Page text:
9. Brav, Alon & Graham, John R. & Harvey, Campbell R. & Michaely, Roni, 2005. "Payout policy in the 21st century," Journal of Financial Economics, Elsevier, vol. 77(3), pages 483-527, September.
    10. Pugh, William & Jahera, John S, Jr, 1990. "Stock Repurchase and Excess Returns: An Empirical Examination," The Financial Review, Eastern Finance Association, vol. 25(1), pages 127-142, February.
    11. James M. Poterba, 1987. "Tax Policy and Corporate Saving," Brookings Papers on Economic Activity, Economic Studies Program, The Brookings Institution, vol. 18(2), pages 455-516.
    12. Jensen, Michael C, 1986. "Agency Costs of Free Cash Flow, Corporate Finance, and Takeovers," American Economic Review, American Economic Association, vol. 76(2), pages 323-329, May.
    13. Franklin Allen & Antonio E. Bernardo & Ivo Welch, 2000. "A Theory of Dividends Based on Tax Clienteles," Journal of Finance, American Finance Association, vol. 55(6), pages 2499-2536, December.
    14. Olson, Gerard T & McCann, P Douglas, 1994. "The Linkages between Dividends and Earnings," The Financial Review, Eastern Finance Association, vol. 29(1), pages 1-22, February.
    15. Keith M. Howe & Steve Vogt & Jia He, 2003. "The Effect of Managerial Ownership on the Short- and Long-run Response to Cash Distributions," The Financial Review, Eastern Finance Association, vol. 38(2), pages 179-196, May.
    16. DeAngelo, Harry & DeAngelo, Linda & Skinner, Douglas J., 2004. "Are dividends disappearing? Dividend concentration and the consolidation of earnings," Journal of Financial Economics, Elsevier, vol. 72(3), pages 425-456, June.
    Full references (including those not matched with items on IDEAS)

    More about this item

    Keywords

    Dividends; Share Repurchases; Signaling; Single-Crossing Property; Money Burning;

    JEL classification:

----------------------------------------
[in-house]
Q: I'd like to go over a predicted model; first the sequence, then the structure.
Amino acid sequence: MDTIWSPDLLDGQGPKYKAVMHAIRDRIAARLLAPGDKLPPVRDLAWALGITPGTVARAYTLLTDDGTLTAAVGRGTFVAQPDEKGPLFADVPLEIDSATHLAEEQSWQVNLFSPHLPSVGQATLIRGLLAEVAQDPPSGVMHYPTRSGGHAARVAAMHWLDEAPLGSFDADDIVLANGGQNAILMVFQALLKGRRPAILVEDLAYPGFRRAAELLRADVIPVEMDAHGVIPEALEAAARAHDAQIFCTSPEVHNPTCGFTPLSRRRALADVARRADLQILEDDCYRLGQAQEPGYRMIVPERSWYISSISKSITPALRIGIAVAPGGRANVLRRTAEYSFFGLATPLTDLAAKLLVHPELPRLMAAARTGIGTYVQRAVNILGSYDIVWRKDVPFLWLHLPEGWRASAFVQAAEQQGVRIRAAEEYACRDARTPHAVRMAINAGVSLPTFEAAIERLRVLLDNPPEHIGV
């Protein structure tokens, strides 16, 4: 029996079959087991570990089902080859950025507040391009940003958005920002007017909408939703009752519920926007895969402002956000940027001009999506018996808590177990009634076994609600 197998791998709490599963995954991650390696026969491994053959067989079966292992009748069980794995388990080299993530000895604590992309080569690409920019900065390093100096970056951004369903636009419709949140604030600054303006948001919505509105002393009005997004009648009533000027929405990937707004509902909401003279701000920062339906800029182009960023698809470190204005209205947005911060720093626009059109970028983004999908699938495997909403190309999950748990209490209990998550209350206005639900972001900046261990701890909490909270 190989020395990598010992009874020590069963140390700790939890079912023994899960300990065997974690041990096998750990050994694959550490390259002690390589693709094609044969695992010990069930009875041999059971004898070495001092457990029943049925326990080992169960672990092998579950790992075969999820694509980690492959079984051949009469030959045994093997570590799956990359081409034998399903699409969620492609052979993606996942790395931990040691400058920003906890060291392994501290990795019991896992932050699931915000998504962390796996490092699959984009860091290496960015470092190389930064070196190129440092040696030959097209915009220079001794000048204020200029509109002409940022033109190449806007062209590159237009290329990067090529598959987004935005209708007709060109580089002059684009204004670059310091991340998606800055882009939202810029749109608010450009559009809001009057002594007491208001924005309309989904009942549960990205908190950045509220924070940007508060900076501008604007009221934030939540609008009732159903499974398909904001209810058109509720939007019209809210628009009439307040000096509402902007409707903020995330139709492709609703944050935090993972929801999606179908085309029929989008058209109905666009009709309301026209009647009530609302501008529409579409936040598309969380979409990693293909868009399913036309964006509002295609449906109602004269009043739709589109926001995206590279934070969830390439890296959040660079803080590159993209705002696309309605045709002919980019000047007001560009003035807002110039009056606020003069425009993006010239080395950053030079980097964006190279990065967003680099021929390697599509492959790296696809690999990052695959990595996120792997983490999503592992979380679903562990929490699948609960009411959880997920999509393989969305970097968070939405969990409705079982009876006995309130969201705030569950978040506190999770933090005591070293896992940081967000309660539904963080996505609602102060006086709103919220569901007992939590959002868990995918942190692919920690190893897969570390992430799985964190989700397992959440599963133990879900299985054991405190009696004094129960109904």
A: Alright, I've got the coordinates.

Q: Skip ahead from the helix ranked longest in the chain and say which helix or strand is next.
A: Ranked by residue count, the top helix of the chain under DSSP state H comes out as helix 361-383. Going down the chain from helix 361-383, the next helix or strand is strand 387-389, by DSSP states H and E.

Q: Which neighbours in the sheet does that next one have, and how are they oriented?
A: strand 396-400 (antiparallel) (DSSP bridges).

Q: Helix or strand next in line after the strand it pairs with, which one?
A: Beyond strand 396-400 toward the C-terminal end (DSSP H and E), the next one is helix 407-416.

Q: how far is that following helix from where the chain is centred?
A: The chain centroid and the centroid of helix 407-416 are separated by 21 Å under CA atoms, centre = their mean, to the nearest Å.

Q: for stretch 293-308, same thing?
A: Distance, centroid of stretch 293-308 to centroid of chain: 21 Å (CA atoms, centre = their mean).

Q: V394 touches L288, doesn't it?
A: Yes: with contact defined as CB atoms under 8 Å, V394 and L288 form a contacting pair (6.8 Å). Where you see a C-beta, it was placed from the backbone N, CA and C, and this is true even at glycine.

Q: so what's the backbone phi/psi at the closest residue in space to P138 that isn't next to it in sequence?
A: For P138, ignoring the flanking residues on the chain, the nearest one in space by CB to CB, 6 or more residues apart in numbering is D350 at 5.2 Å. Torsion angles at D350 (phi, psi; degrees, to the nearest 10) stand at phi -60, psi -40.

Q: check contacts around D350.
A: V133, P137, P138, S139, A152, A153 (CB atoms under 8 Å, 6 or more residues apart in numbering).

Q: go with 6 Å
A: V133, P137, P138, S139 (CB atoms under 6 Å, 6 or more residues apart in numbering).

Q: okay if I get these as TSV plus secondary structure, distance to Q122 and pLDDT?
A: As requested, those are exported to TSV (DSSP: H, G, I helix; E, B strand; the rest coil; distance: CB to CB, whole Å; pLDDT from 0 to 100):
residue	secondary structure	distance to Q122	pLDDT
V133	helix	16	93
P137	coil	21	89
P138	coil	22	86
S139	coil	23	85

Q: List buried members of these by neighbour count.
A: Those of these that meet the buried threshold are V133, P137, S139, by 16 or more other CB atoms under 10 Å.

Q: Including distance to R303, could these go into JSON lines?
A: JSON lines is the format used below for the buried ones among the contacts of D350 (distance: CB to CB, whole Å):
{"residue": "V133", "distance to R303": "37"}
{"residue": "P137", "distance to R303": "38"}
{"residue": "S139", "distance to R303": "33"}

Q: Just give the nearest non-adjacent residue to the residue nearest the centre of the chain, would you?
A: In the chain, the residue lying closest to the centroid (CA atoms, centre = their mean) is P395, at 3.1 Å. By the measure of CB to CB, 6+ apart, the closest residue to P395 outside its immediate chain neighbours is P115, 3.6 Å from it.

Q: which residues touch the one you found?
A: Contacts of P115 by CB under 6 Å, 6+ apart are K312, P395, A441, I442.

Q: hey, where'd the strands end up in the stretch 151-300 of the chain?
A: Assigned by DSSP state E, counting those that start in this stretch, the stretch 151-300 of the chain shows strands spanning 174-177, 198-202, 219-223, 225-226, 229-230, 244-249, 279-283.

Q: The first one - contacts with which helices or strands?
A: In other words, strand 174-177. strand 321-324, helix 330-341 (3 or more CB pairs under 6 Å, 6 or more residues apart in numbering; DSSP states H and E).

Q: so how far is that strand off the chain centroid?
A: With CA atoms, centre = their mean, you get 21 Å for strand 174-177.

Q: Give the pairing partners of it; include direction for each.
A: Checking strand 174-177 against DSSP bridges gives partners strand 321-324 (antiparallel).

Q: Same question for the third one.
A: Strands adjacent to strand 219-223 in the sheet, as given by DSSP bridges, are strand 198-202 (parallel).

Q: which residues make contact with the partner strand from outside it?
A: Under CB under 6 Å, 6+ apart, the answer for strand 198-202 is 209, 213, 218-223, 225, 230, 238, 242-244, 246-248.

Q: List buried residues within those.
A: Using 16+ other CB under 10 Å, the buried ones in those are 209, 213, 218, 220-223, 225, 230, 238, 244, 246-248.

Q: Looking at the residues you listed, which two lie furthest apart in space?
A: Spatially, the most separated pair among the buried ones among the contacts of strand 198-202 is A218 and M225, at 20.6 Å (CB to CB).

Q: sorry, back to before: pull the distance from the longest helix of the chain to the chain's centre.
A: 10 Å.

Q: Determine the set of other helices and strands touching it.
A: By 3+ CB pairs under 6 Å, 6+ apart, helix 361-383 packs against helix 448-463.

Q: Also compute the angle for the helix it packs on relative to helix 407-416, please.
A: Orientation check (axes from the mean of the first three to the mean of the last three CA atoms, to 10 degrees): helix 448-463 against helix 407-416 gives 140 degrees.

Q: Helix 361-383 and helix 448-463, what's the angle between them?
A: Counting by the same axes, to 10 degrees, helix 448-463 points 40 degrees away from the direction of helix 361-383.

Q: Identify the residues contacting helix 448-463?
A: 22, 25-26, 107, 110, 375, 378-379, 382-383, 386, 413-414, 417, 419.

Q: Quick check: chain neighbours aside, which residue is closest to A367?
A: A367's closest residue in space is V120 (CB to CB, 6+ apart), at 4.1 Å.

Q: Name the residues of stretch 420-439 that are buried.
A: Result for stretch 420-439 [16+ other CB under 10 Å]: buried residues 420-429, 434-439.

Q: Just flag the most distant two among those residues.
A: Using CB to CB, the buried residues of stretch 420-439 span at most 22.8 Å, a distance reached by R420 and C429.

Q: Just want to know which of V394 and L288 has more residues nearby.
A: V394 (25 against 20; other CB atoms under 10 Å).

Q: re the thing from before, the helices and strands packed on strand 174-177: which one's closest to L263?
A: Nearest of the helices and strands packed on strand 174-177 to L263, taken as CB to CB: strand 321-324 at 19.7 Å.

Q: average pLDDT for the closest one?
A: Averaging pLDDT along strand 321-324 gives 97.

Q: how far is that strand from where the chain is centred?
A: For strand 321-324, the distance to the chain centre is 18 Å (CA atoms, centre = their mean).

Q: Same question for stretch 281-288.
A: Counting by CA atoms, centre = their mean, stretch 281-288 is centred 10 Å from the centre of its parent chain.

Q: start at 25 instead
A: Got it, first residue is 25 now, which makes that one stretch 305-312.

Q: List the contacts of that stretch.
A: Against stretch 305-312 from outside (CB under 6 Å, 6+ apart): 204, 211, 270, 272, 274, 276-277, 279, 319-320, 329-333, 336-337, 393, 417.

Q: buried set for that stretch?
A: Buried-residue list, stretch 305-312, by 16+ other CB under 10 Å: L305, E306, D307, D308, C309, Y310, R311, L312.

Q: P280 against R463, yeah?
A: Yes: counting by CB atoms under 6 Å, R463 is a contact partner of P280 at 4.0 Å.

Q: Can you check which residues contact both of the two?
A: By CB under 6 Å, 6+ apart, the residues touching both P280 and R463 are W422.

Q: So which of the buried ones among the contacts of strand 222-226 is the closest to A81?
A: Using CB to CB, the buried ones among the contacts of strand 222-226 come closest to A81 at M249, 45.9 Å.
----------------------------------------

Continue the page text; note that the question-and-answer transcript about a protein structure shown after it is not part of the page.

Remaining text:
• D82 - Microeconomics - - Information, Knowledge, and Uncertainty - - - Asymmetric and Private Information; Mechanism Design
    • G35 - Financial Economics - - Corporate Finance and Governance - - - Payout Policy

    NEP fields

    This paper has been announced in the following NEP Reports:

    Statistics

    Access and download statistics

    Corrections

    All material on this site has been provided by the respective publishers and authors. You can help correct errors and omissions. When requesting a correction, please mention this item's handle: RePEc:hhs:cbsfin:2005_004. See general information about how to correct material in RePEc.

    For technical questions regarding this item, or to correct its authors, title, abstract, bibliographic or download information, contact: (Lars Nondal). General contact details of provider: http://edirc.repec.org/data/cbschdk.html .

    If you have authored this item and are not yet registered with RePEc, we encourage you to do it here. This allows to link your profile to this item. It also allows you to accept potential citations to this item that we are uncertain about.

    If CitEc recognized a reference but did not link an item in RePEc to it, you can help with this form .

    If you know of missing items citing this one, you can help us creating those links by adding the relevant references in the same way as above, for each refering item. If you are a registered author of this item, you may also want to check the "citations" tab in your RePEc Author Service profile, as there may be some citations waiting for confirmation.

    Please note that corrections may take a couple of weeks to filter through the various RePEc services.

    IDEAS is a RePEc service hosted by the Research Division of the Federal Reserve Bank of St. Louis . RePEc uses bibliographic data supplied by the respective publishers.